AMD has formally announced a return to the enthusiast-class gaming space with new graphics cards based on its next-generation Vega architecture. The new AMD Radeon RX Vega series takes on Nvidia’s higher-end GeForce GTX 10-series cards, targeting gamers who want 4K quality and variable refresh rates. The new cards will be positioned above the existing Radeon RX 500 series.
There are two primary models, the Radeon RX Vega 56 and Radeon RX Vega 64. As their names suggest, they have 56 or 64 of AMD’s next-gen Vega compute units, for a total of 4,096 or 3,584 execution blocks called “stream processors”. This makes these cards capable of delivering 10.5 Teraflops and 12.66 Teraflops of compute power respectively. Both GPUs have 8GB of HBM2 memory on a 2048-bit bus. Memory bandwidth is 410GBps for the Vega 56 and 483.8GBps for the Vega 64.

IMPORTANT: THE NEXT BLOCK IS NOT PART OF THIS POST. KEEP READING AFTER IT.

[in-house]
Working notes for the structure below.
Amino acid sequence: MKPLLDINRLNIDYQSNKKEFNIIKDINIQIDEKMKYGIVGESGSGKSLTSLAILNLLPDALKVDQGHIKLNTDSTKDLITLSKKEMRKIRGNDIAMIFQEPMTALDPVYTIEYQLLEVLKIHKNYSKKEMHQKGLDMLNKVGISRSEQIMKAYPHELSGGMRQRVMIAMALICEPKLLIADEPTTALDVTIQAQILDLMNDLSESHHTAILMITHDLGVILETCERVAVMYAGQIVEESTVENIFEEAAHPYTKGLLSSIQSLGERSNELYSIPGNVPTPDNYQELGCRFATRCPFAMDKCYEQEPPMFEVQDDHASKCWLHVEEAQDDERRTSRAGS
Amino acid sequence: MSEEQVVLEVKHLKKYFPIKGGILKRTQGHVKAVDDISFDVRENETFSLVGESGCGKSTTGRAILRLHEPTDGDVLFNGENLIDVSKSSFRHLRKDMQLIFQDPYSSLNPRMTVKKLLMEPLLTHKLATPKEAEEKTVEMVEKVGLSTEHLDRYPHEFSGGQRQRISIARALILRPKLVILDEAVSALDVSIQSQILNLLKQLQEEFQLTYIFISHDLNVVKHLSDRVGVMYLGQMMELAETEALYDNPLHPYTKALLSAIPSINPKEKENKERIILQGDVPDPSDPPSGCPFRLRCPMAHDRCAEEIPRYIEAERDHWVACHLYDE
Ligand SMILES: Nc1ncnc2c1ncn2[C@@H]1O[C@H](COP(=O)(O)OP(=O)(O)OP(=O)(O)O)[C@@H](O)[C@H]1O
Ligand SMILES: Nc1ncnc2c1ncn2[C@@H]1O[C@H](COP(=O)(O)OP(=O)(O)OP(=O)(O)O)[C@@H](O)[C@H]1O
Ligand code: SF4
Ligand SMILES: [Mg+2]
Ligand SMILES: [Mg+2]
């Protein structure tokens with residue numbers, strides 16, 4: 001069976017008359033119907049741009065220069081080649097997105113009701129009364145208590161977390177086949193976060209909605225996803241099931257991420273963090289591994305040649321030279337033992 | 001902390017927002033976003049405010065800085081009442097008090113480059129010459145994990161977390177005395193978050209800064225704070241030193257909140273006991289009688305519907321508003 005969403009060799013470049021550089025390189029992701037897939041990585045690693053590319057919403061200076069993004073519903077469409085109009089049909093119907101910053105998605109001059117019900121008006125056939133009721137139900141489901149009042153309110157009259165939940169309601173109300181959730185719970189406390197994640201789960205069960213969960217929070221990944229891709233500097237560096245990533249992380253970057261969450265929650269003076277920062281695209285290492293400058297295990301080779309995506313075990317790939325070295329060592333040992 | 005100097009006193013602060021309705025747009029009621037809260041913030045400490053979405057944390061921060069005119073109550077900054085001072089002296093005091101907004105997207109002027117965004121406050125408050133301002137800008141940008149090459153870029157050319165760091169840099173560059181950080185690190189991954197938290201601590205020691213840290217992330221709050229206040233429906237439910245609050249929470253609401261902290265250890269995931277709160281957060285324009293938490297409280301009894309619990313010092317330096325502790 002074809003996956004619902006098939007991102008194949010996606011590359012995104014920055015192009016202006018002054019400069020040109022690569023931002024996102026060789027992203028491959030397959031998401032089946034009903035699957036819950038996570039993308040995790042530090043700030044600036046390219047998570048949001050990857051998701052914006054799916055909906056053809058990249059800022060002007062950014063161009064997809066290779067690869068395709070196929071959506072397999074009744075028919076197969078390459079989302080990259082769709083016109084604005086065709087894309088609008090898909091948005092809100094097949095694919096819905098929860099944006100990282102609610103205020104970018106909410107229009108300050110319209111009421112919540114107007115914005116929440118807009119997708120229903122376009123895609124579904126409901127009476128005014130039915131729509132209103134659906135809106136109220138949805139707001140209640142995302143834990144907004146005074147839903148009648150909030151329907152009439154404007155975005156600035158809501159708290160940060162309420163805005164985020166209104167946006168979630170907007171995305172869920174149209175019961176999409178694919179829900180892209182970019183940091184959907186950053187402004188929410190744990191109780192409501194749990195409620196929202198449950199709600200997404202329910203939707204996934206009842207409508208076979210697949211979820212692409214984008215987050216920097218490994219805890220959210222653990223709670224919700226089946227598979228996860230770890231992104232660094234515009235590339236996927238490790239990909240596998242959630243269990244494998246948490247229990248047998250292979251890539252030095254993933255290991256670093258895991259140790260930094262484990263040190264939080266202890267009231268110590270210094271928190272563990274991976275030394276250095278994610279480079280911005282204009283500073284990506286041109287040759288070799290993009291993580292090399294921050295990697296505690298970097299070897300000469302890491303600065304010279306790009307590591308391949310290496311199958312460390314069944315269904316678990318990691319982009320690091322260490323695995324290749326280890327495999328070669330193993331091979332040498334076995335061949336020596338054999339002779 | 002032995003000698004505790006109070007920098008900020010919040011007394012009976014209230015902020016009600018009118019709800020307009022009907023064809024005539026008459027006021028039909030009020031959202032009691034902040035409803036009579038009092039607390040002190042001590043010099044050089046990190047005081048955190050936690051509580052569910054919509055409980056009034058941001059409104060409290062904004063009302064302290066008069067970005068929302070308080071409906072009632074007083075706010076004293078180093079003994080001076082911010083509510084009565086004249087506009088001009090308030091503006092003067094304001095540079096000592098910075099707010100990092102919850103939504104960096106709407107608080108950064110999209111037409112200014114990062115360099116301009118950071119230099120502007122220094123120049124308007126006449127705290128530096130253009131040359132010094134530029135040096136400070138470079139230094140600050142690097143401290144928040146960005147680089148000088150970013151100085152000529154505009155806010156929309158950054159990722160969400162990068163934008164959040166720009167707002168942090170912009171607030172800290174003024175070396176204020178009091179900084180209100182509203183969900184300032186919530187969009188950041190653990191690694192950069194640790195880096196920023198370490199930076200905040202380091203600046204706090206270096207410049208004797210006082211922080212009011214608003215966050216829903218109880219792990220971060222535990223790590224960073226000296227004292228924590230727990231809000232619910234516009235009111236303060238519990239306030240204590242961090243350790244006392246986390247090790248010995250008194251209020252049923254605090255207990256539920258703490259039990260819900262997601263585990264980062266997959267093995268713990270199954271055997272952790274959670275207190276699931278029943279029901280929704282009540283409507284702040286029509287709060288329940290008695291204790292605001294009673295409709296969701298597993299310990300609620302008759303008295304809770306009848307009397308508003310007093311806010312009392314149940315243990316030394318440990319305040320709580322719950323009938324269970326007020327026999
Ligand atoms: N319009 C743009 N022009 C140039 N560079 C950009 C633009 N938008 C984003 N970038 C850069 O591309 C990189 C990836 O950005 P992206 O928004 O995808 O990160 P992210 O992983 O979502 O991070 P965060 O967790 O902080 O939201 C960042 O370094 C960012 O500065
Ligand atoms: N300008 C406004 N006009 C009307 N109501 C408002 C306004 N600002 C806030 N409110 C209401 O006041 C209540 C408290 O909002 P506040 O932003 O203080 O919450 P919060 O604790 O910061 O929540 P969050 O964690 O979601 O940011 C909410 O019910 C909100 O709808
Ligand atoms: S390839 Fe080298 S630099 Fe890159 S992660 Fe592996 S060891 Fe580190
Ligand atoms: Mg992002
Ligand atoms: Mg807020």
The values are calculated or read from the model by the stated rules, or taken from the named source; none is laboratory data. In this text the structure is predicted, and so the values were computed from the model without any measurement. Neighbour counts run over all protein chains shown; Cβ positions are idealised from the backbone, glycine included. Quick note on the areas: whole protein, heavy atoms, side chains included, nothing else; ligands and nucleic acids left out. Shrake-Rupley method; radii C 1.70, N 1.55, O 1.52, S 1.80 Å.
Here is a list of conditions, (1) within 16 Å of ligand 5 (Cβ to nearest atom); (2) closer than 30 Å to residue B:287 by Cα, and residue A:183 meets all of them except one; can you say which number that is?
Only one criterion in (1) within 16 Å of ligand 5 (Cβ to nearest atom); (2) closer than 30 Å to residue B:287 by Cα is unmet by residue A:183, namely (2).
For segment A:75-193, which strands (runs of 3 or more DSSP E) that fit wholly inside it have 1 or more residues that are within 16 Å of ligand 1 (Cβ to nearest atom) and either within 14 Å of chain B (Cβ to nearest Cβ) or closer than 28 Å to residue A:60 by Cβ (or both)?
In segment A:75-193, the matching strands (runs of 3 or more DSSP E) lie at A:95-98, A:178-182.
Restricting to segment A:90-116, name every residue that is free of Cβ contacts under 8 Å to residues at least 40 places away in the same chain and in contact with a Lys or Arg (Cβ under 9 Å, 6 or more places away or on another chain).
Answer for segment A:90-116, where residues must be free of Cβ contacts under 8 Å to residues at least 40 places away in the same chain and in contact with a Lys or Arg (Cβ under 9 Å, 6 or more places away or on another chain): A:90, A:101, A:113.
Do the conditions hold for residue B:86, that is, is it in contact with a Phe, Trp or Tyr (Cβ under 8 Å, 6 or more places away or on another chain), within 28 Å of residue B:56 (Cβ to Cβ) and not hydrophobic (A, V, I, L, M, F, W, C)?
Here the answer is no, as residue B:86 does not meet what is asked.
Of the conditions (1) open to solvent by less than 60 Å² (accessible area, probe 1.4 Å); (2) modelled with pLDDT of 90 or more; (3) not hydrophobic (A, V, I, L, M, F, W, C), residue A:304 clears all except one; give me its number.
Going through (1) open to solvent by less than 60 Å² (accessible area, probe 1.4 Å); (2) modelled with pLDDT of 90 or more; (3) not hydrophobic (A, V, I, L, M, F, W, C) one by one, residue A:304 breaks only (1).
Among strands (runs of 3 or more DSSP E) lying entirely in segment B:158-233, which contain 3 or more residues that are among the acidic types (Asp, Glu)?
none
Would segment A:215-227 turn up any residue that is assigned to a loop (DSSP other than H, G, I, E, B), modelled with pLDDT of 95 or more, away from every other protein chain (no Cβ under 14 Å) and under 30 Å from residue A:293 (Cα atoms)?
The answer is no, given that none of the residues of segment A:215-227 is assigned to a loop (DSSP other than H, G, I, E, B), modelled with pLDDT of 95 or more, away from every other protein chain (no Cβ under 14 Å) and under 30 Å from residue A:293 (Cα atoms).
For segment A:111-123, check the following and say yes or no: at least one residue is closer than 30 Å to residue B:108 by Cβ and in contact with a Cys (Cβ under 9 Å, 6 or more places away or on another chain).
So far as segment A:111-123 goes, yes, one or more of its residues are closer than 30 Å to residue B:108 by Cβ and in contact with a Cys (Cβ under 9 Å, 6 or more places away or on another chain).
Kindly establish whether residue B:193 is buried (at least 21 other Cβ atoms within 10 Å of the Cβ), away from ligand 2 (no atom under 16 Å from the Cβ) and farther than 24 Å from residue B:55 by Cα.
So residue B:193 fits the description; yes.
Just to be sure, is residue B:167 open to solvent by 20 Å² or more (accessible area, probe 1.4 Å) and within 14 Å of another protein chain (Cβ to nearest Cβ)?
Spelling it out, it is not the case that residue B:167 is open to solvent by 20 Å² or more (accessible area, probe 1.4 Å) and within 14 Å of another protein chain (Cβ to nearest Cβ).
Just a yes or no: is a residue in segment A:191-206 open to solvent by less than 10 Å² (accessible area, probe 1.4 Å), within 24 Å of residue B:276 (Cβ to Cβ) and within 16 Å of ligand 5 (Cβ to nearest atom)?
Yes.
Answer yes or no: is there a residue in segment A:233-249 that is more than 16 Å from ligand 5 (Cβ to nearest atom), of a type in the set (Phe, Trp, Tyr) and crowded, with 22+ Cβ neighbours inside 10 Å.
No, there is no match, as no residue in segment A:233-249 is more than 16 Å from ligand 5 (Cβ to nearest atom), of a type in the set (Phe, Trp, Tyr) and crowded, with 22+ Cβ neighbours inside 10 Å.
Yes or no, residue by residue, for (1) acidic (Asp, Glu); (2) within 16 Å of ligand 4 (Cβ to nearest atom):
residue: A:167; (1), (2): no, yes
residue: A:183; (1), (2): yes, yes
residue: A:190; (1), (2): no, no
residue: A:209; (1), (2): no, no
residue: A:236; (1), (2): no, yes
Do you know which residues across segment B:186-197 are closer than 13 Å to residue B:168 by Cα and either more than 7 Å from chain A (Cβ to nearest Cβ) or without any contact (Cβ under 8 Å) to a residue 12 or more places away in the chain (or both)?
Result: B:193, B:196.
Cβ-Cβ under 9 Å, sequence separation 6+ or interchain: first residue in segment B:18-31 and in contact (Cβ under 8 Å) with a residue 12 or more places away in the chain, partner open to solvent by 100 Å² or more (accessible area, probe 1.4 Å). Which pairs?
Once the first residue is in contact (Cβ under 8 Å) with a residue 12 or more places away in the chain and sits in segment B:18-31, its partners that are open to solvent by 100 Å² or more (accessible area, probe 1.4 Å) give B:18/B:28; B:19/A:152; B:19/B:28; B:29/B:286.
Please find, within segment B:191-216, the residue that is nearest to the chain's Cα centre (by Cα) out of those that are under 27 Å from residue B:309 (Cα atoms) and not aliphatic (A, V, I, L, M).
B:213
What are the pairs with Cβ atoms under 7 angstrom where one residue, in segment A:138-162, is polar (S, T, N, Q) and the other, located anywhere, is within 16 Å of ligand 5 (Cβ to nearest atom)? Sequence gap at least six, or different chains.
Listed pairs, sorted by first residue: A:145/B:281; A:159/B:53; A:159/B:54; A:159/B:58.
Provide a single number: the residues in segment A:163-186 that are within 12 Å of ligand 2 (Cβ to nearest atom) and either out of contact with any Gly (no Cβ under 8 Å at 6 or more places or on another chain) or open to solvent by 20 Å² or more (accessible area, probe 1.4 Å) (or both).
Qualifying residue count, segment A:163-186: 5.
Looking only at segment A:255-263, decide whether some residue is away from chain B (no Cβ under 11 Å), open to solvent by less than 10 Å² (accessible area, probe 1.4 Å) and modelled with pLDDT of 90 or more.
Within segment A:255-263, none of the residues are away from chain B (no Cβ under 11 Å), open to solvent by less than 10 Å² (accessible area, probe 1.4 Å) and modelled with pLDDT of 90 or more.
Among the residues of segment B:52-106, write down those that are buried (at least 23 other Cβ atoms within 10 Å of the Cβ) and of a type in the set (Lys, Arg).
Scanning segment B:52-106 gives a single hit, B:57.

There is also a Radeon RX Vega 64 Liquid Cooled Edition which has an integrated closed-loop liquid cooler with a 120mm radiator, but is otherwise no different from its namesake. It can push out 13.7 Teraflops because of its clock speed can reach 1677MHz as opposed to 1546MHz for the is the regular Vega 64 and 1471MHz for the Vega 56. Its power consumption is also rated at a massive 345W, rather than 295W and 210W for the two air-cooled cards.
AMD’s own cards use blower-style coolers similar to the ones used on previous reference designs, but third-party manufacturers will be launching their own cards with the same GPUs. Reference cards will have three DisplayPorts and one HDMI output, plus hardware switches to control the colour of the LED accents.
The Vega 56 is priced at $399 (approximately…